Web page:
Christie explains how he’ll fund opioid battle

Whether it’s the inherent power of the New Jersey governor’s office or the political deftness of the current occupant, Gov. Chris Christie, in his final months in office, is still getting his way. Two weeks ago, he announced that he was invoking authority he’d negotiated with lawmakers around budget time to take money from anywhere in the state budget to fund a program to fight the opioid crisis, a health emergency he declared back in February. Monday, on his monthly call-in show, he finally revealed where the roughly $200 million is coming from.

Ninety million dollars in debt service. The governor says his moving the state lottery into the pension system has made Wall Street take notice, meaning lower rates on borrowing; $70 million in lapsed, or unused, funds from the last budget, including from pre-K expansion and tuition aid; and $40 million or so will come from surplus 2017 revenue projections.

“We’re going through the audit process right now to make sure that the funds are what we think they need to be and that’ll be announced in February, but our indications are that, if all we need is another $40 million to get to $200 [million] that we’ll have at least that, if not significantly more,” he said Monday night.

The governor’s cheekiness over where the money was coming from led some to speculate that he was planning to raid funds from environmental settlements before voters get a chance next month to require that those funds go to cleanups only. “Bull,” said Christie.

“I mean this is on the front page of the Gannett papers today [Monday]. And it’s completely made up. And [spokesman Brian Murray] told them ‘the governor is not diverting money from any legal settlements.’ One, because I found another way to do it and two, because I wouldn’t be getting the money they were talking about. There’s no way that’s going to be paid before Jan. 16. It’s been settled, but by the time you have to go through all the paperwork, court approvals and all the rest, it’s not going to come until after Jan. 16,” he added.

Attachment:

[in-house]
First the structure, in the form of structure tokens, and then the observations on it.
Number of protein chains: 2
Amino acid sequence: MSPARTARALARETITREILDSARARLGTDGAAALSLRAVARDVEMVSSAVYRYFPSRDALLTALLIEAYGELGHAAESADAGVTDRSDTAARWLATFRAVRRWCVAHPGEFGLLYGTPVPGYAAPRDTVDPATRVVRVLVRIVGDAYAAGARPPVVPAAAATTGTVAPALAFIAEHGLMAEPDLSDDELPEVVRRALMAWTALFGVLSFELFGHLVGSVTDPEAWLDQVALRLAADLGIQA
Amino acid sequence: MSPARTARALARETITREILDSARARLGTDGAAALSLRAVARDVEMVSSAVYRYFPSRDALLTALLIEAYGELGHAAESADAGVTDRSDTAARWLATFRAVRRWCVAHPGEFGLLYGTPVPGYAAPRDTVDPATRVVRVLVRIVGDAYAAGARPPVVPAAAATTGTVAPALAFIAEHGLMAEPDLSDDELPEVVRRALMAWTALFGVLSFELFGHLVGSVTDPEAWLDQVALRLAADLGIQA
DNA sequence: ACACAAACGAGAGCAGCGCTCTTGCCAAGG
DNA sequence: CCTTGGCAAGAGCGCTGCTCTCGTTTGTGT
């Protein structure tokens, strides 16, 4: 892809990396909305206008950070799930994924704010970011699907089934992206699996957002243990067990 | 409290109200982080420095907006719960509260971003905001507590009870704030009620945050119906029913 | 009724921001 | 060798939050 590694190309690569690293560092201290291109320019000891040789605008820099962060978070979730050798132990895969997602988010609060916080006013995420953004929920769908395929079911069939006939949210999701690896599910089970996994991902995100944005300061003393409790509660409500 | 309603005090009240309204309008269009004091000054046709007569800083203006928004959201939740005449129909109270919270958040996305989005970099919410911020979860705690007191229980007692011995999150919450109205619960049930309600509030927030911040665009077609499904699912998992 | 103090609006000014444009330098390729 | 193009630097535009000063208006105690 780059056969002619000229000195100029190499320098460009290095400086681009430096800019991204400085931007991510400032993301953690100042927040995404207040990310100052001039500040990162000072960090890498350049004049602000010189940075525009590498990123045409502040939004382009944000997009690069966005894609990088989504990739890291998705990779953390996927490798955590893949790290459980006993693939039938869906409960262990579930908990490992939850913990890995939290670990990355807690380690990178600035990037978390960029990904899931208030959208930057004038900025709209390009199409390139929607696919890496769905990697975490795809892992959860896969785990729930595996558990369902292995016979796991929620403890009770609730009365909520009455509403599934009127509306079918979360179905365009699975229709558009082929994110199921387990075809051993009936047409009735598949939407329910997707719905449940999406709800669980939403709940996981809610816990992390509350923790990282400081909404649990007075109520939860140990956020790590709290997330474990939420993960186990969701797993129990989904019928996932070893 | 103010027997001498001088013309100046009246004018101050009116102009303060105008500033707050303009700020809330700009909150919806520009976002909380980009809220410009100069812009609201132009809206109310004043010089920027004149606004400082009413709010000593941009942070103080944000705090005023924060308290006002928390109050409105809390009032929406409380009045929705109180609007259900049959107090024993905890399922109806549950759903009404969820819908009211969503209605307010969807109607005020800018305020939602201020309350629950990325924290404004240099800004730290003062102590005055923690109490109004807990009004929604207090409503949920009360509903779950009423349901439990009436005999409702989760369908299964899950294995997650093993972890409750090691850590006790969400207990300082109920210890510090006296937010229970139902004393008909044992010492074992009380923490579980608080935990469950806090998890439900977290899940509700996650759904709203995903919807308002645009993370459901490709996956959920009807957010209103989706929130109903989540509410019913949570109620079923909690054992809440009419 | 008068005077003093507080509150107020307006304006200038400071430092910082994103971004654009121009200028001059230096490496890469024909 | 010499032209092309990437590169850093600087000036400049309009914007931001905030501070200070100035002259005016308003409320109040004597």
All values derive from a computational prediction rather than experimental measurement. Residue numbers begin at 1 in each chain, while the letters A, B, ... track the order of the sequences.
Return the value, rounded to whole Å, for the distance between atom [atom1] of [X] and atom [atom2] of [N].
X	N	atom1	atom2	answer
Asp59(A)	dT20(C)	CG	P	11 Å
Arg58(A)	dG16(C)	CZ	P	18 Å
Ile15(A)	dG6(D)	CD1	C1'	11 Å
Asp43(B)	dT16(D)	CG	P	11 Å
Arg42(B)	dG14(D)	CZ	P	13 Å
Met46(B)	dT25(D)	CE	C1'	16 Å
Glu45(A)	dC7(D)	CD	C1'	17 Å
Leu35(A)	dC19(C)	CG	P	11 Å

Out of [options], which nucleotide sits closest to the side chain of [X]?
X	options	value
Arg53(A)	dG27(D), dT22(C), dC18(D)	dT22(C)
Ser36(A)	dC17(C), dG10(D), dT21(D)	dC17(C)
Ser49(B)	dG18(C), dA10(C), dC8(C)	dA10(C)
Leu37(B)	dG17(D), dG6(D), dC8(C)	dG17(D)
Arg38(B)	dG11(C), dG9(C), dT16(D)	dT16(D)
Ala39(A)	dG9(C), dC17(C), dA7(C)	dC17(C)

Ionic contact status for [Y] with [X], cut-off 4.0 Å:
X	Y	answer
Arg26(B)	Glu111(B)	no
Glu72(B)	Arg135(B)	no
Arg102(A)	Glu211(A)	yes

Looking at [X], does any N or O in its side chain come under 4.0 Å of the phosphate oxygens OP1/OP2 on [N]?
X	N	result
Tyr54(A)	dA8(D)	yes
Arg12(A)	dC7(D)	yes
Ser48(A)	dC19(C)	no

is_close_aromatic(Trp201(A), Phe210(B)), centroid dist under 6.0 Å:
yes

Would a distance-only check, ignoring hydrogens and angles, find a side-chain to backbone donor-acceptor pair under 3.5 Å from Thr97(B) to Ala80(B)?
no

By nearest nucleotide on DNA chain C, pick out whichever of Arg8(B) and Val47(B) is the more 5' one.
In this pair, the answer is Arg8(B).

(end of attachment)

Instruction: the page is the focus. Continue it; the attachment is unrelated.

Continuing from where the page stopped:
Critics say the governor is making it sound like this is free money. Assembly Budget Committee Chairman Gary Schaer says, for instance, the savings in debt service comes at a cost for someone else.

“He wants to refinance some bonds in the same way you or I would refinance our house,” explained Schaer. “When we refinance our house, we traditionally do two things. Number one, we extend the maturity of when we’ll pay it off. And number two, because we’re borrowing money for a longer period of time, we’re going to have not only a longer payback but an increased payback, so instead of owing $100 on your mortgage today, we’re going to take out a second mortgage and it’s going to be $120.”

Critics are finding it hard to say anything negative about an opioid fight, but even the governor’s lieutenant suggested that she might’ve used that $200 million for tax relief.

Schaer also criticized the governor taking the $5 million promised to pre-K expansion, which Christie said became available because schools didn’t ask for it.

“Is this wise economically? The answer is no. Is it wise from a policy point of view in terms of destruction from the opioid crisis? The answer is probably yes,” conceded Schaer. “So, one would hope that the governor would have found the money that would not be deleterious to programs that we’ve already agreed upon, but rather funds that were, in fact, available.”

Democrats may not like it, but the governor has the power to rob whatever Peter he wants to pay the Paul of his choice, and Chris Christie knows that all too well.